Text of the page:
Is Apple's Magic Mouse 2 the perfect Mac accompaniment or a surprising failure from the company that is known for producing so many hits? Erik Eckel examines this question and why it's important.
Apple's Magic Mouse 2 presents an interesting conundrum. The device earns only two-and-a-half stars of five among Apple website reviews. Dig into the ratings and you'll learn the mouse earns 125 five-star ratings and 204 one-star ratings.
The negative reviews are surprising considering Apple's rechargeable wireless mouse works well, mechanically, at least in my experience and those reported by other users outside Apple's website. The aesthetic design essentially matches that of its predecessor, a fact many celebrate, even within negative reviews of the Magic Mouse 2 on Apple's website.
One possible complaint is the Magic Mouse 2's recharging port is located on the device's bottom. But as I typically don't use electronic devices while they're charging, with the exception of my MacBook Air that automatically charges when plugged in, the mouse's charge port location doesn't register as an issue for me. In fact, I find the rechargeable mouse a significant improvement over the previous model that required regularly replacing AA batteries.
A quick check of the Magic Mouse 2's Amazon.com reviews reveals the device fares much better there. Amazon users award the mouse four of five stars, with almost three times as many ratings.
SEE: New equipment budget policy (Tech Pro Research)
At $79, the Magic Mouse 2 isn't inexpensive, but you're not just paying for a mouse--the additional cost is justified by the ease with which the device mates to Macs and the fact it extends multitouch operation. Don't forget a Lightning-to-USB cable is packed in the box, too, which means you receive another cable with which to also charge iPhones, iPads, and Apple TV remotes. Certainly, that's convenient and helpful.
Don't underestimate the importance of multitouch gesture support, either. Because the Magic Mouse 2 supports integrated multitouch controls, the device enables elegantly scrolling sideways or horizontally (among other features) right on top the mouse, which is a feature I find critically compelling.
SEE: Top 20 Apple keyboard shortcuts for business users (free PDF) (TechRepublic)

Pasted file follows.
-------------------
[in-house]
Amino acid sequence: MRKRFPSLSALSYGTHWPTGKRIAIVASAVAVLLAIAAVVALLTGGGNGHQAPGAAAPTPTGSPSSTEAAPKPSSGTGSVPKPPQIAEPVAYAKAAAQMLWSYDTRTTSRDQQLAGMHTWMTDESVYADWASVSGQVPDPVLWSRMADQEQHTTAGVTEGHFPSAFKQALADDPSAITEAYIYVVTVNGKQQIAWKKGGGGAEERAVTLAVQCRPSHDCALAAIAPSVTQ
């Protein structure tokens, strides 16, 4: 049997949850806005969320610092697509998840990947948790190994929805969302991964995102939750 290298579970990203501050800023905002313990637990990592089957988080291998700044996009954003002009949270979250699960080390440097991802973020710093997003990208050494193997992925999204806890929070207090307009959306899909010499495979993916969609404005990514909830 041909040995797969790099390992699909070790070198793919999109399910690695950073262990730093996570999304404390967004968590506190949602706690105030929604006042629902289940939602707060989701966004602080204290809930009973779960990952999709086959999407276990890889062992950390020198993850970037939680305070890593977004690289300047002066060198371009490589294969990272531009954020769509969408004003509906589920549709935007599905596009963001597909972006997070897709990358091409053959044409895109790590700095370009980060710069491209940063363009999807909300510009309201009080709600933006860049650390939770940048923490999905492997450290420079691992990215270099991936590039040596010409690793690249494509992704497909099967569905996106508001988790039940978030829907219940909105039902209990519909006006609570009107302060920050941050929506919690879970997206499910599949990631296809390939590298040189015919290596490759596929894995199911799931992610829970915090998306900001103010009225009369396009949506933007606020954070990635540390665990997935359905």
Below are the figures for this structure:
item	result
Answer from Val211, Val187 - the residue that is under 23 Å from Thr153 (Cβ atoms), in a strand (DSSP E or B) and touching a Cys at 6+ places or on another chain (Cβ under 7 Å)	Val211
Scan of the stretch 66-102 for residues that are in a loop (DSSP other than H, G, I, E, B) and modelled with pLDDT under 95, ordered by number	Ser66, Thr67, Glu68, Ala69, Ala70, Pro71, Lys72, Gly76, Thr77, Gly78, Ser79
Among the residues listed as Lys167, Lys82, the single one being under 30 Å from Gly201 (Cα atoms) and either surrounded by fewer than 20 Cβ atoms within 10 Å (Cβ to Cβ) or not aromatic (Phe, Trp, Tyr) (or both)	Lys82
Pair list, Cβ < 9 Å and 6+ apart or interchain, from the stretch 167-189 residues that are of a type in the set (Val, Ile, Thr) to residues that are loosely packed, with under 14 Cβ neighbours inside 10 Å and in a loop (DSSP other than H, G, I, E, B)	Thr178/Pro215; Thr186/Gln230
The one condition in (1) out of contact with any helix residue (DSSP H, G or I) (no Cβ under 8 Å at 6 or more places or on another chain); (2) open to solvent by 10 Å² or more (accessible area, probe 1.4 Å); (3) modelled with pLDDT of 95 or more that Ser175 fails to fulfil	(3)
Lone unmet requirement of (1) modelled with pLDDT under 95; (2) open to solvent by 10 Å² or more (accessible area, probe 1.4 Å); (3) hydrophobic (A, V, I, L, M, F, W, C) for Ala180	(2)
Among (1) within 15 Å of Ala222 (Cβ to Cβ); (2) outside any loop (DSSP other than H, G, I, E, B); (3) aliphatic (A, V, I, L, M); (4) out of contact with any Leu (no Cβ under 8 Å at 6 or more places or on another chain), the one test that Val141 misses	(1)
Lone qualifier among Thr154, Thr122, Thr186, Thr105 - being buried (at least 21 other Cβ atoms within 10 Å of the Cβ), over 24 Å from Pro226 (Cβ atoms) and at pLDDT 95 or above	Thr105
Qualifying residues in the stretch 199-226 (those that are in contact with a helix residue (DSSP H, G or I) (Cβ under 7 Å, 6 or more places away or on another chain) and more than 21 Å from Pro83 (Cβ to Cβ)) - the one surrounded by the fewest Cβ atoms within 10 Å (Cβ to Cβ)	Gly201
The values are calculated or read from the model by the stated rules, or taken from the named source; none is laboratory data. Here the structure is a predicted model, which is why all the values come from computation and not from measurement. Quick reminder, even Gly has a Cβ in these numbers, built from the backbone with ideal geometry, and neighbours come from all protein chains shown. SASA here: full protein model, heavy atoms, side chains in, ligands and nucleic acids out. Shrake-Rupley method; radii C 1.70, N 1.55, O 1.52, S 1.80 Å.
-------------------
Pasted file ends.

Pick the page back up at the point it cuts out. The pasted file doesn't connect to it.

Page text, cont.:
Why is how well a mouse performs even important? Considering that everyone from world-class cooks to musicians regularly insist on using quality tools of the trade such as Misono knives or Steinway pianos, it makes a big difference.
Just as it's often recommended you annually invest as much time planning your 401(k) contributions and retirement as you do your vacation, you should review the quality of your professional tools. Consider how often you use a mouse. If you're one of the tens of millions that directly interact with a computer every day, you spend thousands of hours a year manipulating the device. The ergonomic, productivity, and efficiency gains you achieve using a mouse better matched to your needs proves exponentially more advantageous because you use it so often.
Ultimately, you'll have to decide for yourself which mouse is best for you. Regardless of your Magic Mouse 2 perspective, the fact you're thinking about it is a good sign. Now go review your 401(k) allocations--here's hoping you have a good mouse to assist with the task.
What mouse do you use? If you have tried the Apple Magic Mouse 2, what do you like and/or dislike about it? Share your thoughts in the discussion.
- Maybe it's time for Apple to spin off the Mac as a separate company (ZDNet)
- Say hello to Apple's new Magic Keyboard, Magic Mouse 2 and Magic Trackpad 2 for the Mac (CNET)
- Apple Magic Mouse 2 specs (CNET)
- How to configure Mavericks input devices (TechRepublic)
- Best iPhone and iPad accessories from $6 to $200 (ZDNet)